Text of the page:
What’s fascinating is that Graham often used the path of contradictions to come up with very unique insights. This is exactly the point made by Klien in his book. I urge you to read it.

  5. Dear Sir, This is a great service to humanity. Please do post your other lecture transcripts as well. Those not fortunate to sit in your class will benefit.

  6. Dear sir, you can also consider putting your video lectures on iTunes U. It’s easy and continent also. Prof Damodaran also uses the same to put all his lectures on valuation.

  7. Dear Sanjay Sir,
    My question is irrelevant to your post. I am from non-finace background and am trying to read your recommended book “Accounting for Value”. This is great recom from u, becauze naive people like me think stocks available at PE=5, PB=0.5, growth=5% are cheap/value stocks AND stocks available at PE=30, PB=5, growth=25% are expensive/growth stocks. This book certainly clears everything matrhematically and shows how growth stock could actually be cheaper than value stock.

    I am stuck at one point(in their principle formula itself). Please help me in that?

    Value of equity 0 = Bo + (ROCE1-r)*Bo/(1+r) + (ROCE2 – r)*B1/(1+r)2 + (ROCE3-r)*B2/(1+r)3(r − g)

    My question is about “denominator of speculative componet” i.e. (r-g). “g” represents growth in residual earnings. Now what if g > r(which is often the case like Page Industries 30% and r=10%). In that case, speculative component becomes negative. Please help in understanding this. Where I am going wrong??

    Example: Page Industries: V-2013 = 200 + [(0.5-0.1) * 200 / 1.1 ] + [(0.5 – 0.1) * 280 / (1.1*1.1) ] + [ (0.5 – 0.1) * 392 / 1.1*1.1*1.1 * (0.1 – 0.3)] = 200 + 70 + 92 – 589 = -227.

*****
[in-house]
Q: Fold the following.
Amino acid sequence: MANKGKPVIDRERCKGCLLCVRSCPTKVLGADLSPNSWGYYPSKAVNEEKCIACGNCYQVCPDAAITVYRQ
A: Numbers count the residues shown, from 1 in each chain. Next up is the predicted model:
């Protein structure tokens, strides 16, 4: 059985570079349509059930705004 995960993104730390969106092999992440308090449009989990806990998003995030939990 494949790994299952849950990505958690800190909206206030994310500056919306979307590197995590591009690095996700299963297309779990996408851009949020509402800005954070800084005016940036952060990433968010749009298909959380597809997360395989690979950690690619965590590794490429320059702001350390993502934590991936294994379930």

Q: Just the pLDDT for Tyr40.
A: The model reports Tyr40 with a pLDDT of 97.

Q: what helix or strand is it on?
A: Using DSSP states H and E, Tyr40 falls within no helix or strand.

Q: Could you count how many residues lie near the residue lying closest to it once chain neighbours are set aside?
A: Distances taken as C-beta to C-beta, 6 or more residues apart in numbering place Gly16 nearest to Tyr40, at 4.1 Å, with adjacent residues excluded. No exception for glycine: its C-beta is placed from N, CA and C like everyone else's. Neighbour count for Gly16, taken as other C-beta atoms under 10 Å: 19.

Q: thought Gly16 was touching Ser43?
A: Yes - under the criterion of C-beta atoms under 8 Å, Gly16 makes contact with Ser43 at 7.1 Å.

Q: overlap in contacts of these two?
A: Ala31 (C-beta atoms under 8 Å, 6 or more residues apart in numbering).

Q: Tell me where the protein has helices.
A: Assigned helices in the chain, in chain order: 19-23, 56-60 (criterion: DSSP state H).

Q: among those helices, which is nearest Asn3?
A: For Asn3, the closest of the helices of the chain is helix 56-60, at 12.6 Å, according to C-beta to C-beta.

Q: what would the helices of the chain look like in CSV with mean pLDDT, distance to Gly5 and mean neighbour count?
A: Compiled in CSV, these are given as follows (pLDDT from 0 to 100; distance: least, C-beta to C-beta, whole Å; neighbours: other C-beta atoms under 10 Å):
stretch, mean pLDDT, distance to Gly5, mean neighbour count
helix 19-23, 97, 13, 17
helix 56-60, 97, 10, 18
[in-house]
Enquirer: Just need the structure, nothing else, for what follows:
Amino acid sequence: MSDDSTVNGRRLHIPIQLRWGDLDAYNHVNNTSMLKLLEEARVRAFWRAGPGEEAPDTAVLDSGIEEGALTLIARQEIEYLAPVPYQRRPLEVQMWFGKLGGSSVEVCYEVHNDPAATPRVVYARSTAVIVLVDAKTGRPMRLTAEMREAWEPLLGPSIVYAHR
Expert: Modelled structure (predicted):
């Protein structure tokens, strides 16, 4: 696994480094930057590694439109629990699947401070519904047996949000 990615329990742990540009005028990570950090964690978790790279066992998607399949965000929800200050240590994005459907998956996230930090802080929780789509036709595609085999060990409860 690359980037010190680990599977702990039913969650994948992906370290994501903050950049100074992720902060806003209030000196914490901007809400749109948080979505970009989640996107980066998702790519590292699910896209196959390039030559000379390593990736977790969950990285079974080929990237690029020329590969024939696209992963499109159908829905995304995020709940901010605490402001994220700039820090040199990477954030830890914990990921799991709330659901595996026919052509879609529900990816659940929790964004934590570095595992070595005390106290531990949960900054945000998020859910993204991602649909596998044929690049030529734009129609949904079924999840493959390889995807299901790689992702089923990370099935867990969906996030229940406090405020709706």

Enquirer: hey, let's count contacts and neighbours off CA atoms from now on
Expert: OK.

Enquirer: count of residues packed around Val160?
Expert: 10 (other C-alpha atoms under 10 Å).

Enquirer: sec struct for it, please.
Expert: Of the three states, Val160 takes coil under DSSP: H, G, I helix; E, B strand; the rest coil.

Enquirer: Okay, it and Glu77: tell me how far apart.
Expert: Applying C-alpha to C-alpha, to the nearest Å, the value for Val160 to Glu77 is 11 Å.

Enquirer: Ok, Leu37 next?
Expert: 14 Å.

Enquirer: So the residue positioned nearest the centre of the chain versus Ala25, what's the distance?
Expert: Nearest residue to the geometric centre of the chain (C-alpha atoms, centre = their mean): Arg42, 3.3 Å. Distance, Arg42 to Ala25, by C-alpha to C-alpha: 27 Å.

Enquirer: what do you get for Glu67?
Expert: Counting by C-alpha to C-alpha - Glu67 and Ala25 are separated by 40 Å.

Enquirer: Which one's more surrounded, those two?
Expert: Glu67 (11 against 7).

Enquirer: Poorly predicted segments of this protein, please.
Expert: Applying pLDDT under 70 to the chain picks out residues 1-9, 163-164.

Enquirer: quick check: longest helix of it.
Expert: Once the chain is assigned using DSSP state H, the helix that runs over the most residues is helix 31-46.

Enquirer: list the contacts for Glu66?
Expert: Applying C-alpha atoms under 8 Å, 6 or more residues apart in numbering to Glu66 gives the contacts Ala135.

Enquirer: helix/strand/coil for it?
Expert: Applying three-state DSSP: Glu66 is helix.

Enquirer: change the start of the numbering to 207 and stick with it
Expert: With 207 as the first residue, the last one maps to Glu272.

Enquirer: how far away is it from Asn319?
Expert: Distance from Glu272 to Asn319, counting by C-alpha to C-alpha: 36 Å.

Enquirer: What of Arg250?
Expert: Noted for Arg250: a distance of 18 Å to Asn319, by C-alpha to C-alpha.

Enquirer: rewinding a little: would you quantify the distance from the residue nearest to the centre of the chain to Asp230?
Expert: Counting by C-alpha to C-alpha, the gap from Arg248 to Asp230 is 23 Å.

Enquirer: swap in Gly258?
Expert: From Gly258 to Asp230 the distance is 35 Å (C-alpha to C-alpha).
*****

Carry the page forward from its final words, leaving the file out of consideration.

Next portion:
How come this beautiful stock have negative fair value? I am certainly missing something here 🙂


    1. Sameer, you’re referring to a well-known problem in valuation called the St. Petersburg Paradox. Even Mr. Buffett referred to it a few years ago. He said:

      “When the [long-term] growth rate is higher than the discount rate, then [mathematically] the value is infinity. This is the St. Petersburg Paradox, written about by Durant 30 years ago. Some managements think this [that the value of their company is infinite]. It gets very dangerous to assume high growth rates to infinity – that’s where people get into a lot of trouble. The idea of projecting extremely high growth rates for a long period of time has cost investors an awful lot of money. Go look at top companies 50 years ago: how many have grown at 10% for a long time? And [those that have grown] 15% is very rarified. Charlie and I are rarely willing to project high growth rates. Maybe we’re wrong sometimes and that costs us, but we like to be conservative.”

      You can get the doc Mr. Buffett referred to from here.

      One of the key risks in valuing growth stocks is that people tend to get too carried away when they think about long-term growth rates. One very good way to deal with that problem is to invert it. Instead of plugging in a long-term growth rate yourself, why not reverse engineer yourself from the current market value to figure out market’s assessment of that rate and then try to get some insights from there?

      One more point. Even if you use forward thinking and project out a perpetual growth rate, that rate can never be more than the growth rate of the world economy because if it was, then implicitly you would be assuming that one day that company will become bigger than the world economy and that’s absurd. Btw, that was another proof by contradiction…

      1. Dear Prof. Bakshi,

        The St. Petersburg Paradox (didn’t know it was called that) and the ceiling imposed by the growth rate of the economy are frequently asked questions in entry-level (sell-side) analyst interviews.